Google code hints at Chrome OS Dellbook
Mountain View's unofficial pal
It looks like Dell will join Acer and HP in offering netbooks based on Google's Chrome OS sometime this fall.
Dell isn't among the official Chrome OS partners named by Google, but as noticed by Download Squad, the code repository for Chromium OS — the open source incarnation of Chrome OS — includes some rather conspicuous bits that point to Dell as an early manufacturer.
The repository includes three "overlay" files for configuring hardware support during the build process. One carries the Dell name, while the other two say Acer and HP.
Asked to comment, Dell said it's looking into the matter. And in the meantime, the company pointed out that just after Google released its first snapshot of code to the Chromium OS project, Dell engineer Doug Anson put out his own unofficial Chrome OS build for the Dell Mini, the company's 10-inch netbook. "We weren’t announcing anything formal, just sharing that the landscape is getting interesting," a company spokeswoman says of Anson's release.
But Anson continues to turn out new builds. He released the latest on June 8 here. "I really enjoy popping out these images every few weeks," Anson said recently on the Chromium discussion mailing list. "I can say that the images themselves seem to be getting better and better with each iteration."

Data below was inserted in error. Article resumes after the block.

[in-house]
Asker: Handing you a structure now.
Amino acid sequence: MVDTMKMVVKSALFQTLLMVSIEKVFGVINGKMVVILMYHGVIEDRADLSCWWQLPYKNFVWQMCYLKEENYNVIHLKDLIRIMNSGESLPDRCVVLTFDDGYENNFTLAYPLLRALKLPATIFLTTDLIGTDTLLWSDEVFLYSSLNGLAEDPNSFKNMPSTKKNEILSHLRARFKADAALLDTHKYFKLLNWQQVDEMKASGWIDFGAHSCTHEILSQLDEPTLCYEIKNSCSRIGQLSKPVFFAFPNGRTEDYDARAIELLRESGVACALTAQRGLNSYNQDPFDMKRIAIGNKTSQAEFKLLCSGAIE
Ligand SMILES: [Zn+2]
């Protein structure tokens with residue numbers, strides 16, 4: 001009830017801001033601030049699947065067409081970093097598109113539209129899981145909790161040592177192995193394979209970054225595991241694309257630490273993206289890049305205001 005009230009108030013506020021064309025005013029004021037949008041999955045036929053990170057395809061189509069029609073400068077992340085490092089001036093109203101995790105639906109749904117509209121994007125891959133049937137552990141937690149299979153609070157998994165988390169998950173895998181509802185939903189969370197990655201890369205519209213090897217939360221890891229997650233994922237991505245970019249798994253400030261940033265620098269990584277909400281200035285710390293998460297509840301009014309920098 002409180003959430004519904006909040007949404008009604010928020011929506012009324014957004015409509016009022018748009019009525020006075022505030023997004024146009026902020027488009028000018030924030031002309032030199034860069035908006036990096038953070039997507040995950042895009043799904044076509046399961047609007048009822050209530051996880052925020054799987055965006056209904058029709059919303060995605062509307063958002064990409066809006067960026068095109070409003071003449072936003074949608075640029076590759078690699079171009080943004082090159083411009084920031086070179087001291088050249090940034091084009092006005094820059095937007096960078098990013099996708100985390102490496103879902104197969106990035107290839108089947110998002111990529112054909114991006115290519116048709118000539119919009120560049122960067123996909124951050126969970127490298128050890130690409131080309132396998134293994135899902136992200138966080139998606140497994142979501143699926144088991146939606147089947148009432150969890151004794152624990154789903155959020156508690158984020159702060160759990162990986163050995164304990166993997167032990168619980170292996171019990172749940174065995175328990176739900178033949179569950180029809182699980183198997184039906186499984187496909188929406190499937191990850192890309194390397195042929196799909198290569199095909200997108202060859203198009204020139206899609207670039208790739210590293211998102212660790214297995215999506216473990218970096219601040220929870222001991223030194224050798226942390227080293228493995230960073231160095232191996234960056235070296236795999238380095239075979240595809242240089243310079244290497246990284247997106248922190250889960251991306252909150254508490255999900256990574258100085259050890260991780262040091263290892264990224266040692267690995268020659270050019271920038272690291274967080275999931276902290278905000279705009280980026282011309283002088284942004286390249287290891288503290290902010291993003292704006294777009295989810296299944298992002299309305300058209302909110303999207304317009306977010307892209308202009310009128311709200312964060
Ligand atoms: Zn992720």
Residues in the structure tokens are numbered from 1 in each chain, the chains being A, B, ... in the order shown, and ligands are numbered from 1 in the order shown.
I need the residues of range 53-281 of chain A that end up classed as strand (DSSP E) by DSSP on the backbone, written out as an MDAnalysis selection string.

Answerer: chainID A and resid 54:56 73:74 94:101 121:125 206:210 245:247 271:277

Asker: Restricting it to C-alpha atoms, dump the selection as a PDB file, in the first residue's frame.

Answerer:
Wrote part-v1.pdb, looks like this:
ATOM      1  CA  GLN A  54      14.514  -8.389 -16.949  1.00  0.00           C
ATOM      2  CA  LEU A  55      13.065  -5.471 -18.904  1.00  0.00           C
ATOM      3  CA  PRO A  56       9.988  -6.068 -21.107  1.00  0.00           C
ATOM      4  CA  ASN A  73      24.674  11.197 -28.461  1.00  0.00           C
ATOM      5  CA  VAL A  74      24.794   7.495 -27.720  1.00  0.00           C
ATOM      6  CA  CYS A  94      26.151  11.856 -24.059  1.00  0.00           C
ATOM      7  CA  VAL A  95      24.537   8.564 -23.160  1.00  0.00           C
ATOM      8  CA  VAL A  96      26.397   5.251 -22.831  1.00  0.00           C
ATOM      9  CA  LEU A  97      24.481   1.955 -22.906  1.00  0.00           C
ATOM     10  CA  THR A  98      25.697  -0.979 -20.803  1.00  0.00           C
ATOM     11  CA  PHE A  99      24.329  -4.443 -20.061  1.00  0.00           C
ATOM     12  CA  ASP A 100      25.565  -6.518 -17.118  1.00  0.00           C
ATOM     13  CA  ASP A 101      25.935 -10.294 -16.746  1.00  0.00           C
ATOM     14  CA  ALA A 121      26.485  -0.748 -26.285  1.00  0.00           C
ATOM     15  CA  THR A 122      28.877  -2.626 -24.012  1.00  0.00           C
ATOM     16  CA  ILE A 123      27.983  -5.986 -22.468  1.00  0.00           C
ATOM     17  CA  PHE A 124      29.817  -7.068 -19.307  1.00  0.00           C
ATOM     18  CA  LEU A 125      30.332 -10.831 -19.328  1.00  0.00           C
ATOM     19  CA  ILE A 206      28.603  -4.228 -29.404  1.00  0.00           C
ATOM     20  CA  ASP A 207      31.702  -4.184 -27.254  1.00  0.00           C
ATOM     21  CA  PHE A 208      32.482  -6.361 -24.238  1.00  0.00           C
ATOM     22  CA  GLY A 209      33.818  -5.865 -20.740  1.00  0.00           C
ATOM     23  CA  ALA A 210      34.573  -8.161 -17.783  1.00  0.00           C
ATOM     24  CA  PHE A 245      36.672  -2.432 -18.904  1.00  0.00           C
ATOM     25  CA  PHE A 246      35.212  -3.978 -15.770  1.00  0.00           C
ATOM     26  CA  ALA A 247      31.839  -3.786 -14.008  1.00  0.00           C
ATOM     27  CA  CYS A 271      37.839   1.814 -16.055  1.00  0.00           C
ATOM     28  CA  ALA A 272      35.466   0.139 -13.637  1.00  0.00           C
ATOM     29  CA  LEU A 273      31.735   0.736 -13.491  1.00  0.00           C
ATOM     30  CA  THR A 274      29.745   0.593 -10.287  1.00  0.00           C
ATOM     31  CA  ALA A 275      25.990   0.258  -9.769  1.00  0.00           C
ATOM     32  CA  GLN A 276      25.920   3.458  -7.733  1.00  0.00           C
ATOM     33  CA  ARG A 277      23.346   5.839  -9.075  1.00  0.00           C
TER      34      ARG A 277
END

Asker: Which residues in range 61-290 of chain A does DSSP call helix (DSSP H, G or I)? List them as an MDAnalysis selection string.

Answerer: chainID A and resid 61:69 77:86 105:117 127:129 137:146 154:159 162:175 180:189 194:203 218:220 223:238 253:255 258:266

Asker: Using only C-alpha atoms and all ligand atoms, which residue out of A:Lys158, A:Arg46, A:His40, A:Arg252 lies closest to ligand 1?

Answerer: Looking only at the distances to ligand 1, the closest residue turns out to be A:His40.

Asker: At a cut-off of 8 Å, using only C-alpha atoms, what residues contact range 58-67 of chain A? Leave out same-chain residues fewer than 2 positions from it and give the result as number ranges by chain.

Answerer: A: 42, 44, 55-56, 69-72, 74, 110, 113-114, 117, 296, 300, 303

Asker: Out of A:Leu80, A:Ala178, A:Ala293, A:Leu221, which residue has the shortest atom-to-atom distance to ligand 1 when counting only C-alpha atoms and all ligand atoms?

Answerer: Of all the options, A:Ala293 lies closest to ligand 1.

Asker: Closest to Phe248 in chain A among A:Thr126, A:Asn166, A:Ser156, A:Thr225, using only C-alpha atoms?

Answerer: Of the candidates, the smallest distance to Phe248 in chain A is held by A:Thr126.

Chrome OS is essentially Google's Chrome web browser running atop a Goobuntu flavor of Linux. It will not run local applications other than the browser itself. All other apps will be accessed inside the browser, and it now seems that this will include applications running on remote machines: Google is developing something it calls "Chromoting," a kind of browser -based remote access tool.
The OS will print via a new online service Google calls Cloud Print, and HP has already introduced printers that will work with the service. Essentially, Cloud Print will send jobs from Chrome OS to Google servers and back down to network-connected printers like HP's or to printers plugged into network-connected desktops that actually include print drivers. ®
Sponsored: Today’s most dangerous security threats